PCs learn new tricks, but can tablet/notebook hybrids rescue Windows 8?

Summary:What does a PC maker do when the PC market is shrinking and demand for tablets is exploding? One option is to design hybrid PCs, which can switch from conventional PC to tablet and back again. In this post, I look at clever hybrid devices from Samsung, Dell, and HP.

HP Envy X2

I had my first hands-on session with the Envy X2 last year, in a private session at the IFA tradeshow in Berlin. My first reaction when I picked it up was, “Whoa. This thing is light.” That’s exactly what I said, again, when I unboxed the review unit HP sent me last month. It’s what my wife said when I handed it to her.

I suspect you’ll say the same thing if you get your hands on one. Because whoa, this thing really is light.

Like the Samsung Smart PC Pro 700T, the Envy X2 has a detachable base that includes a keyboard. The tablet portion weighs exactly 700 g, which is one ounce more than an iPad despite having a significantly larger screen. It is noticeably thinner than an iPad.

hp-envy-x2-detached

And it is quite distinctive in looks, even handsome. The 11.6-inch display is surrounded by a black bezel. The back is aluminum, with an HP logo in the center, a camera that bulges slightly out from near the top, and a pair of subtle, slightly recessed switches on either side: one for power, the other a volume rocker. The only visible external connections are on the bottom, where you’ll find a headphone jack and a Micro SD Card slot.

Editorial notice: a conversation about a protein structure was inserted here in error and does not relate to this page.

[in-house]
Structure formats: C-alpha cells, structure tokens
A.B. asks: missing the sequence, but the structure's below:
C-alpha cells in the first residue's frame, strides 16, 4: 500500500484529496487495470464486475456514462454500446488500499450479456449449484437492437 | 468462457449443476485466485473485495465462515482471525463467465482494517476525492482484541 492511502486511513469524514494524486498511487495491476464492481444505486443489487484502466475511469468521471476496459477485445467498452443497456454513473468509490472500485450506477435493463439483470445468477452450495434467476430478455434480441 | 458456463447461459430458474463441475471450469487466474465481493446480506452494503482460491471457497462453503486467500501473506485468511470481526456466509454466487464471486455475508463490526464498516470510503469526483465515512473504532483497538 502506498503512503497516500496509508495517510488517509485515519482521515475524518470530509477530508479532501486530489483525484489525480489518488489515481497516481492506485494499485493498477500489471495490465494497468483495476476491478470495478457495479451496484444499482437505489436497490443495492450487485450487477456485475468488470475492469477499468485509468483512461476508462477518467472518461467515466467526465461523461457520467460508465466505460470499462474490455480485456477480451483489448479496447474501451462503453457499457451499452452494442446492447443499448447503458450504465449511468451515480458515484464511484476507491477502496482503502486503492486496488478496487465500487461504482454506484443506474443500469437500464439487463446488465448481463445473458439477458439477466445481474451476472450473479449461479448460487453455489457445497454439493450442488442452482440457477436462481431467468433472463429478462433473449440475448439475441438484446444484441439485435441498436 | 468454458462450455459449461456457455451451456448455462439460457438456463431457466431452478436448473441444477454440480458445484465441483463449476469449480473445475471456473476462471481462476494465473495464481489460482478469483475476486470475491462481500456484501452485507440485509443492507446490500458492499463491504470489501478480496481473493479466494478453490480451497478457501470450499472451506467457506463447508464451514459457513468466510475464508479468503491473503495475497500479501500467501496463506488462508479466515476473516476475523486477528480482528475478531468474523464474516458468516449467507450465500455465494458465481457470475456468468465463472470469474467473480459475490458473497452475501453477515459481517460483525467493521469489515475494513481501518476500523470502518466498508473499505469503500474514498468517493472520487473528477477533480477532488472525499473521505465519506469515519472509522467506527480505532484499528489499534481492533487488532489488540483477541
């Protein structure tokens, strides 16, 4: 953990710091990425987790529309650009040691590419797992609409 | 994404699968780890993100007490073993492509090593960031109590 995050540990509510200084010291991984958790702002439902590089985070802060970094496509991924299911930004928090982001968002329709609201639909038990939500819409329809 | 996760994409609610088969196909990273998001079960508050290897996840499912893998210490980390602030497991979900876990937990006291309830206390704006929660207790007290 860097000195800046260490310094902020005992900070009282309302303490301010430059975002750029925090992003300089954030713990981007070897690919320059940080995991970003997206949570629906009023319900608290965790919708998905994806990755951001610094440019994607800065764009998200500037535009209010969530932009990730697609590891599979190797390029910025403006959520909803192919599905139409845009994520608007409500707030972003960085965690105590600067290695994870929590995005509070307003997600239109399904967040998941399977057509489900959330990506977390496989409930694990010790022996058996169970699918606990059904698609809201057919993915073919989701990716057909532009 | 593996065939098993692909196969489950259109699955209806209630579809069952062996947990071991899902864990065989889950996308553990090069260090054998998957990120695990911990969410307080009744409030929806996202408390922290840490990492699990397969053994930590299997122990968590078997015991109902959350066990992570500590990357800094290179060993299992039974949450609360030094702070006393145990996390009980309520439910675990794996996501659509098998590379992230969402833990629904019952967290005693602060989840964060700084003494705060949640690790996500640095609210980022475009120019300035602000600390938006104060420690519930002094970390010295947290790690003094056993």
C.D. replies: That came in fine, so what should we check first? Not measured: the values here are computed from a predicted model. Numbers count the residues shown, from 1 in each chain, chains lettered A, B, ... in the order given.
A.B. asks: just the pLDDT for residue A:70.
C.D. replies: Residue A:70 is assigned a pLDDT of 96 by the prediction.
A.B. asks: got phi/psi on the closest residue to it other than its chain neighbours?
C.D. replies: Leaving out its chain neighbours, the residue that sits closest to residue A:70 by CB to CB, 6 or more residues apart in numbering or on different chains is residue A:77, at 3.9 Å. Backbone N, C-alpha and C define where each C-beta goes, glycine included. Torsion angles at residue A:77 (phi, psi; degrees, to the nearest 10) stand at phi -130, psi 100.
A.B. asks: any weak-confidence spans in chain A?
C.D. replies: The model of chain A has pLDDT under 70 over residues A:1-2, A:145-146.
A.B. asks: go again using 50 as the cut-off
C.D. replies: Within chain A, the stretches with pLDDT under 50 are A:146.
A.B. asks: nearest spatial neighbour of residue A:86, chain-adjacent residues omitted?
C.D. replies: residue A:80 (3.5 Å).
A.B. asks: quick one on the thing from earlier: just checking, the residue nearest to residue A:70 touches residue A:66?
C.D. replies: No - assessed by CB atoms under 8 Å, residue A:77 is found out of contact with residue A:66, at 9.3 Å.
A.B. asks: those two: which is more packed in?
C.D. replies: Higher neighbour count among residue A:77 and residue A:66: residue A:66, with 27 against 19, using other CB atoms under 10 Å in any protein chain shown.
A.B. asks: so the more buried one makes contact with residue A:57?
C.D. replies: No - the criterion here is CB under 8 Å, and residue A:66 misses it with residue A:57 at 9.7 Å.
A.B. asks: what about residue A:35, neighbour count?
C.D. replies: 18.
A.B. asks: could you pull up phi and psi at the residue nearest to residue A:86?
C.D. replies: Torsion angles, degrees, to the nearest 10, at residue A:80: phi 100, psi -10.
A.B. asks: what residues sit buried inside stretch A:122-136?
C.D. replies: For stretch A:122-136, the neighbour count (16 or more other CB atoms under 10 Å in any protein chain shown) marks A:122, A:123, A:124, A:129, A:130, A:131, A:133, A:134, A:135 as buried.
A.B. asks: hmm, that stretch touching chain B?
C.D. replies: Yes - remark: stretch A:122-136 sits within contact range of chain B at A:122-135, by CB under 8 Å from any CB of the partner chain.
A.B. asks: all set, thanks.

The base is also aluminum on the outside and plastic on the inside, with a full-size keyboard (in black) and a decent-sized trackpad. Snapping the tablet into the hinge turns the device into something resembling a small Ultrabook, one that’s noticeably larger than either Surface.

hp-envy-x2-clamshell

So far, that sounds like what Samsung has done with the Smart PC Pro, right? Yes, except for two things.

First is the price tag of the Envy X2. At a list price of $700 (recently reduced to $599), it costs roughly half what the other two notebooks in this roundup cost. (And you can probably do better if you shop carefully. My ZDNet colleague James Kendrick snagged one recently for $525 . That’s a bargain.)

What’s the difference? On the power-versus-portability scale, Envy X2 is designed for extreme battery life and deliberately sacrifices performance to get there.

It has a lower-resolution screen (1366x768) that only recognizes 5 touch points, a 32-bit Atom Z2760 CPU, 64 GB of flash memory for storage, and only 2GB of RAM, for starters. With those specs, it’s not surprising that the Envy X2 is sluggish at some tasks. (Just look at the Windows Experience Index below. Those aren't impressive numbers.)

hp-envy-x2-wei

But it has such great battery life that you might not care.

That low-powered hardware, plus a second battery in the detachable keyboard dock, is what makes it possible for the Envy X2 to get epic battery life. There’s a 25 WHr battery in the lid, along with all the other componentry. The base has a second 21 WHr battery along with two USB2 ports, a headphone jack, HDMI out, and a full-size memory card reader.